Saturday, March 5, 2016

Lets focus on aid in living, not aid in dying.

The Baltimore Sun recently published an op-ed by Samantha Craine, the legal director for the Autistic Self Advocacy Network, titled: Aid in living, not dying. Many people have bought into the theory of euthanasia, without recognizing the reality. Please read this article. (Alex Schadenberg)

O.J. Brigance, former Baltimore Raven.
By Samantha Craine

Around the country we have seen a concerted effort by special interest groups to promote the legalization of physician-assisted suicide, including legislation introduced in Maryland. Although these groups claim to be speaking for people with chronic illnesses and disabilities, no major nationwide disability rights groups support physician-assisted suicide. In fact, these laws make people with disabilities more vulnerable and reinforce the damaging perception that life with a disability is "undignified" and not worth living.

Although assisted suicide advocates claim that their legislation is about terminal illness and not disability, many of the arguments presented in favor of such physician-assisted-suicide legislation here and around the country assert a supposed "indignity" in needing help to eat, move, breathe or take medications. These arguments are rooted in a belief that it is better to die than to depend on others for assistance.

This belief is so pervasive that many people who become disabled find themselves struggling with suicidal thoughts. These thoughts may stem from the feeling that one is a burden on family members, fear of being placed in an institutional setting like a nursing home, or isolation as a result of lack of in-home supports. Moreover, people with disabilities are at heightened risk of abuse, isolation and exploitation.

Instead of addressing these significant risks, this assisted-suicide legislation actively exacerbates them by reinforcing the perception that life with a disability or progressive disease is not worth living. This perception not only can lead to preventable deaths by suicide, but it also can create significant or even fatal barriers to accessing health care and needed services. Last year, Maryland passed legislation banning disability discrimination in organ transplants, after some Maryland transplant centers openly stated that they would not serve people with significant developmental or mental health disabilities. But discrimination in other health care contexts continues, as more and more people with disabilities are being denied even basic care for treatable illnesses, including food and water, with medical providers citing their supposedly low quality of life as justification to hasten their deaths. This essentially amounts to opportunistic, involuntary euthanasia of people with disabilities.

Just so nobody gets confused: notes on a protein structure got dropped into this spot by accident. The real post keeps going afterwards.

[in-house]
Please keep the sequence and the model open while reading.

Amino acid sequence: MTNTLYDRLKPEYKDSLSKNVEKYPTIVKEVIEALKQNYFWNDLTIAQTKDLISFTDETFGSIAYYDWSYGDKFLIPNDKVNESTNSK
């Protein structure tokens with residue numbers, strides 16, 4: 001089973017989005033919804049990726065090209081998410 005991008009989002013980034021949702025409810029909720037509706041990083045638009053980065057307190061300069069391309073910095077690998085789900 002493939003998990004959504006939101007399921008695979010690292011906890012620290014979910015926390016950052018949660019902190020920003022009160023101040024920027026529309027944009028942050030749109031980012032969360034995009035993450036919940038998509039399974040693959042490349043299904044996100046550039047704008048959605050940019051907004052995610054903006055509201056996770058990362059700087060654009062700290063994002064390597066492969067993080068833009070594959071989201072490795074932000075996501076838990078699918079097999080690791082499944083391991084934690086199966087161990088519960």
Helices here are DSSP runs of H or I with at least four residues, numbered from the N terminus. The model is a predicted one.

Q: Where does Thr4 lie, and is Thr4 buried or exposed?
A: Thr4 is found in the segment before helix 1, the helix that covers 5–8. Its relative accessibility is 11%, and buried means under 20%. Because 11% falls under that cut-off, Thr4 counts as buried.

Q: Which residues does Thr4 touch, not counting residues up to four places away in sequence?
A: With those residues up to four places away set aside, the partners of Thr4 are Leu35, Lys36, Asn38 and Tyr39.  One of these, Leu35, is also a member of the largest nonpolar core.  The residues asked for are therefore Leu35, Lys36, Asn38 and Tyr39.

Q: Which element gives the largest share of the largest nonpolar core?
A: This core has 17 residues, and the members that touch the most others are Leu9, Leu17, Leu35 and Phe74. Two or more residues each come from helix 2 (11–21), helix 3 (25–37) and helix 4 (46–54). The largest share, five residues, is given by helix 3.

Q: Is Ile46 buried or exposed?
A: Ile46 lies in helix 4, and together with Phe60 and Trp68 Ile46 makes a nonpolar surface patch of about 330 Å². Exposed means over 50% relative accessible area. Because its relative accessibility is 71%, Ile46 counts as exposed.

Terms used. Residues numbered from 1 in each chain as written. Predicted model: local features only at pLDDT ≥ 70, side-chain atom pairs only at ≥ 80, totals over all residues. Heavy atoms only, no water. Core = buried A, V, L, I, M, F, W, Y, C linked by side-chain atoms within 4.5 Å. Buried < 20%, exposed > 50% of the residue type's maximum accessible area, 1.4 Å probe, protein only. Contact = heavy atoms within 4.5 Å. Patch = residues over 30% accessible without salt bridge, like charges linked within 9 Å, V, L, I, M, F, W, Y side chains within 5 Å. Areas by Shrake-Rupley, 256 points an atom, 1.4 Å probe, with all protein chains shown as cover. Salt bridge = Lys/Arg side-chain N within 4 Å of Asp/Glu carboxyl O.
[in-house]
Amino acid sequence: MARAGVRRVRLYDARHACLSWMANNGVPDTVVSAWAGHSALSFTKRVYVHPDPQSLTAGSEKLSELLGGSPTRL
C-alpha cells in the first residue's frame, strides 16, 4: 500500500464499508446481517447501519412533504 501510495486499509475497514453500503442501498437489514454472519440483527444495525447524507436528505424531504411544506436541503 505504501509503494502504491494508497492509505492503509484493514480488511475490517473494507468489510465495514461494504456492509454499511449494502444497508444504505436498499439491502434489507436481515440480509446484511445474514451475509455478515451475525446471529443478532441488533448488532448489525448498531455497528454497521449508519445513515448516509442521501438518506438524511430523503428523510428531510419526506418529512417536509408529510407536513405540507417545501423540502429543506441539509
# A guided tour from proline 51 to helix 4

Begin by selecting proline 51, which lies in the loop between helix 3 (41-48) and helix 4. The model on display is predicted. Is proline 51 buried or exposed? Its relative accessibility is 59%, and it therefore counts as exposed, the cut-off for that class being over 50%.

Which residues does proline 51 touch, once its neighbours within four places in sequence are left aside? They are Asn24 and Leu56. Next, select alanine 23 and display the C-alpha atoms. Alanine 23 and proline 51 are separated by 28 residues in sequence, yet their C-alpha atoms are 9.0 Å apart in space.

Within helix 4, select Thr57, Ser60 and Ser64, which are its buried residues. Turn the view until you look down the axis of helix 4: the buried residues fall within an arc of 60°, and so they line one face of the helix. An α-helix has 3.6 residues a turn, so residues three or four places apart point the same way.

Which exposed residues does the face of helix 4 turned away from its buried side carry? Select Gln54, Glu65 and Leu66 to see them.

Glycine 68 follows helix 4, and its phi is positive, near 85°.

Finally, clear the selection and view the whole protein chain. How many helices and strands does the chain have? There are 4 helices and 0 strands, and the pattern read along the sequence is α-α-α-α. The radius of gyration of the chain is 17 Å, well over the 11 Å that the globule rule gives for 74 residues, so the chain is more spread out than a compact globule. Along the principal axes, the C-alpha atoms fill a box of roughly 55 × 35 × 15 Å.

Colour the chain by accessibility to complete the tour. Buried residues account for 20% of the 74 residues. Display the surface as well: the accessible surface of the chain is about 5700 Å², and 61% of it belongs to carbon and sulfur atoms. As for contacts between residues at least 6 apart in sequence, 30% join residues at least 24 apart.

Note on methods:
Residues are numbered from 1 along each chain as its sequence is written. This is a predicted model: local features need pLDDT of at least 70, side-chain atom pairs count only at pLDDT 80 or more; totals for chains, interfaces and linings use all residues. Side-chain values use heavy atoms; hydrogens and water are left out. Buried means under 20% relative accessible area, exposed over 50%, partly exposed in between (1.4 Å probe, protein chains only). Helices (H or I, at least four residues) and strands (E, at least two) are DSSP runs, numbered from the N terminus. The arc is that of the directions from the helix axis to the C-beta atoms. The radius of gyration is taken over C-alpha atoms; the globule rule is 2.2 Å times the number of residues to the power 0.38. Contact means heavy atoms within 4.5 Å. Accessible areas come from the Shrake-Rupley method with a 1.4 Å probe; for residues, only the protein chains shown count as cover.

As a disability rights advocate, I recognize that our health care system is failing people with disabilities, including disabilities caused by terminal illnesses. The answer, however, is to make sure that people with illness-related disabilities are receiving the supports they need in order to live — not to create a new fast track toward death. People need at-home supports and services in order to stay at their homes while allowing their family members to work and participate in the community — even before they qualify for hospice care. They also need advanced palliative care options, including pain relief and counseling. These supports recognize the value and dignity of all individuals, including those who need help with day-to-day care.

Even those who are expected to die within six months — as the proposed law would require — deserve suicide prevention, not assistance. The disability community is full of people who, with the right care and support, have outlived "six-month" prognoses by decades. Several friends of mine have outlived terminal prognoses by over 30 years. In Oregon, where the law also requires that patients be expected to live less than six months, many patients are still alive six months or more after receiving the lethal prescription.

People with significant disabilities, including people with life-threatening diagnoses, do not need to die to have dignity. Instead, they need access to the things that help them make the most of their remaining time: palliative care, respectful in-home supports, counseling and assistive technology to maximize autonomy. Let's focus on aid in living, not "aid in dying."

No comments: